Physical

  • Breath better: Singing helps slow our heart rate and improve our breathing pattern. In addition, when we sing karaoke, we are usually standing up and using our whole body to get into the song. This forces us to breath more efficiently and easily because the muscles from our diaphragm and lungs become fully expanded and our abdominal muscles more relaxed. Finally, our lungs get a workout when we use proper singing techniques and vocal projections.
  • Strengthen immune system: A study at the University of Frankfurt found that singing can improve our immune system. Professional choir members had their blood analyzed before and after an hour-long rehearsal. The results showed that the amount of proteins in the immune system that function as antibodies, known as Immunoglobulin A, were much higher right after the rehearsal in most cases.
  • Improve posture: To be a successful singer, we need to stand up straight with our shoulders and back properly aligned. Therefore, karaoke is a fantastic way to show our children how to develop good posture.

Emotional

  • Express feelings and emotions: When we belt out a song that has meaning to us or inspires us, we trigger an emotional response within ourselves. Singing, therefore, helps us express our feelings and emotions in a creative way. Karaoke also gives us the opportunity to express a specific song and its meaning using our own style and personality. When we do that, we communicate in an emotional way to ourselves and our audience.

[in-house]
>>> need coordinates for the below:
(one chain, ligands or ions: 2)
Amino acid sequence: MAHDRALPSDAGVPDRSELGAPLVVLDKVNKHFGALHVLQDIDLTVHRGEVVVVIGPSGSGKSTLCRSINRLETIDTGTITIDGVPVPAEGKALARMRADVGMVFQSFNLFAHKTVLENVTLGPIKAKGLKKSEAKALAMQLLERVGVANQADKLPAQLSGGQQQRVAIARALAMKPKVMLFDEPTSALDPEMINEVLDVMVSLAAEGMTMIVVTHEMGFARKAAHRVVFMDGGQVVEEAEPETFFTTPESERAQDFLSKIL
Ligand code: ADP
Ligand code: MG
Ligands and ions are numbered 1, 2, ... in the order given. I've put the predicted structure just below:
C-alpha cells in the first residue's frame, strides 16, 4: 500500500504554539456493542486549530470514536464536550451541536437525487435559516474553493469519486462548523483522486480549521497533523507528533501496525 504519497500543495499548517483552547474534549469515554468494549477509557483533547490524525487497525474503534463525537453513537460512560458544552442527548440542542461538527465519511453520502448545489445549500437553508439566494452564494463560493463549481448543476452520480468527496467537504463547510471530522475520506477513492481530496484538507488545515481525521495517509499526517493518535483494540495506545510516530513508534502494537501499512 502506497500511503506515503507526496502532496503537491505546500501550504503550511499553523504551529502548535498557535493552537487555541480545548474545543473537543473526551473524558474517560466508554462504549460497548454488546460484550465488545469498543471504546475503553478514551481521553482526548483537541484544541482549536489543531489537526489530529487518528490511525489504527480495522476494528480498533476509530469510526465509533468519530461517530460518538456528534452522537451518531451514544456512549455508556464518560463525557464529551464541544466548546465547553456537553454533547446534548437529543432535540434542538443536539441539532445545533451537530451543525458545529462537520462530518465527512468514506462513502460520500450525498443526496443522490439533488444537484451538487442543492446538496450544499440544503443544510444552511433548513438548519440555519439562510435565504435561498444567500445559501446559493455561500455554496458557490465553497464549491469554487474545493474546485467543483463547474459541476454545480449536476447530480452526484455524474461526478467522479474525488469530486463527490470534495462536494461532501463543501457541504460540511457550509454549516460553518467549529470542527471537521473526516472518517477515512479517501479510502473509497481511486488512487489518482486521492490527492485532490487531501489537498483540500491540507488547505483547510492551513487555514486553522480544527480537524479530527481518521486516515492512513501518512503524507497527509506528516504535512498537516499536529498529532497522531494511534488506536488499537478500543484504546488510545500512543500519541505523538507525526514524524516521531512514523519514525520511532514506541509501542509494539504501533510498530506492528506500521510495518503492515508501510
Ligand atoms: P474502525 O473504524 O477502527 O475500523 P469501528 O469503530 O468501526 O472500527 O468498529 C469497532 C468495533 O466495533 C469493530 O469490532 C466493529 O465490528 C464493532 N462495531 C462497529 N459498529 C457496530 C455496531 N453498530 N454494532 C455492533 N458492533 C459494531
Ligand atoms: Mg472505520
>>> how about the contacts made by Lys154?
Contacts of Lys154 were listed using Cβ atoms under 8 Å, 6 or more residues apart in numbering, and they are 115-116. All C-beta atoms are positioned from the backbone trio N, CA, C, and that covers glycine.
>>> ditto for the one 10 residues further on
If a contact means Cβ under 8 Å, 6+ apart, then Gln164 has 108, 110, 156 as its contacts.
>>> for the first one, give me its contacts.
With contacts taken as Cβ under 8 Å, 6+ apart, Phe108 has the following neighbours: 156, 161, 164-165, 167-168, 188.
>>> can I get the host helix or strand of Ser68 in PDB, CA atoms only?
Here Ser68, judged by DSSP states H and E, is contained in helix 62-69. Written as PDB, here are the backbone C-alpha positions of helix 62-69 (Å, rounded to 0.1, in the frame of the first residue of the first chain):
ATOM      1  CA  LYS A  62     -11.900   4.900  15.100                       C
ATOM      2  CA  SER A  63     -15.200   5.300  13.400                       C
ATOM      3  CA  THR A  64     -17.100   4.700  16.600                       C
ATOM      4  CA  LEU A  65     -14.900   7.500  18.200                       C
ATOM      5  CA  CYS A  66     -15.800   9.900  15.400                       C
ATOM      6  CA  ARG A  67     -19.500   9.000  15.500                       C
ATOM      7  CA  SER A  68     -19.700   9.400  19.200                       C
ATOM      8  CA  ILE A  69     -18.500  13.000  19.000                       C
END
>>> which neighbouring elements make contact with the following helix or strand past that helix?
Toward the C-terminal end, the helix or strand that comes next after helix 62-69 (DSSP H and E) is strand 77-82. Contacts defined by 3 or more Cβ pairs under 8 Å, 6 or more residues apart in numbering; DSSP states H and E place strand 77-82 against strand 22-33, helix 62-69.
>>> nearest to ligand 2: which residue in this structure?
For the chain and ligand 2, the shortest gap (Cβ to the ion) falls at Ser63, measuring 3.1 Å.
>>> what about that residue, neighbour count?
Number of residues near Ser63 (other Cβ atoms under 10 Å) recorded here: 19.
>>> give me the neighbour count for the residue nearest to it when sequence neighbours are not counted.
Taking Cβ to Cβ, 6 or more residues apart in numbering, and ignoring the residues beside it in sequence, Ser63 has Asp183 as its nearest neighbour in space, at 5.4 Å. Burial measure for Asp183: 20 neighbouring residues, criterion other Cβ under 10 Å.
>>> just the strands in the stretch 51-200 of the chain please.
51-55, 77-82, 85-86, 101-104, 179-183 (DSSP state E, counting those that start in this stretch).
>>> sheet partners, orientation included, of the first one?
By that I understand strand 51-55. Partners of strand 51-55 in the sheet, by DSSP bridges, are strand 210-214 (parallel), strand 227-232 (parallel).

• Increase happiness: When we sing a happy, upbeat tune, our overall mood improves because it is enjoyable and distracts us from our daily commitments and worries. In addition to releasing endorphins, we have a tiny organ in our ear called the sacculus that creates a sense of pleasure when we sing.
  • Reduce stress and anxiety: Karaoke does wonders for reducing stress and anxiety, so much so that it has been used as a type of therapy to help people get over their fears or phobias. One study out of Japan analyzed over 19,000 men ages 40 to 69 and discovered that karaoke reduced their stress levels and lowered their risk of stroke and heart disease. First of all, singing releases muscle tension and decreases the levels of the stress hormone cortisol in our body. Singing also provides a sense of relaxation to let us enjoy the present moment to the fullest.

Social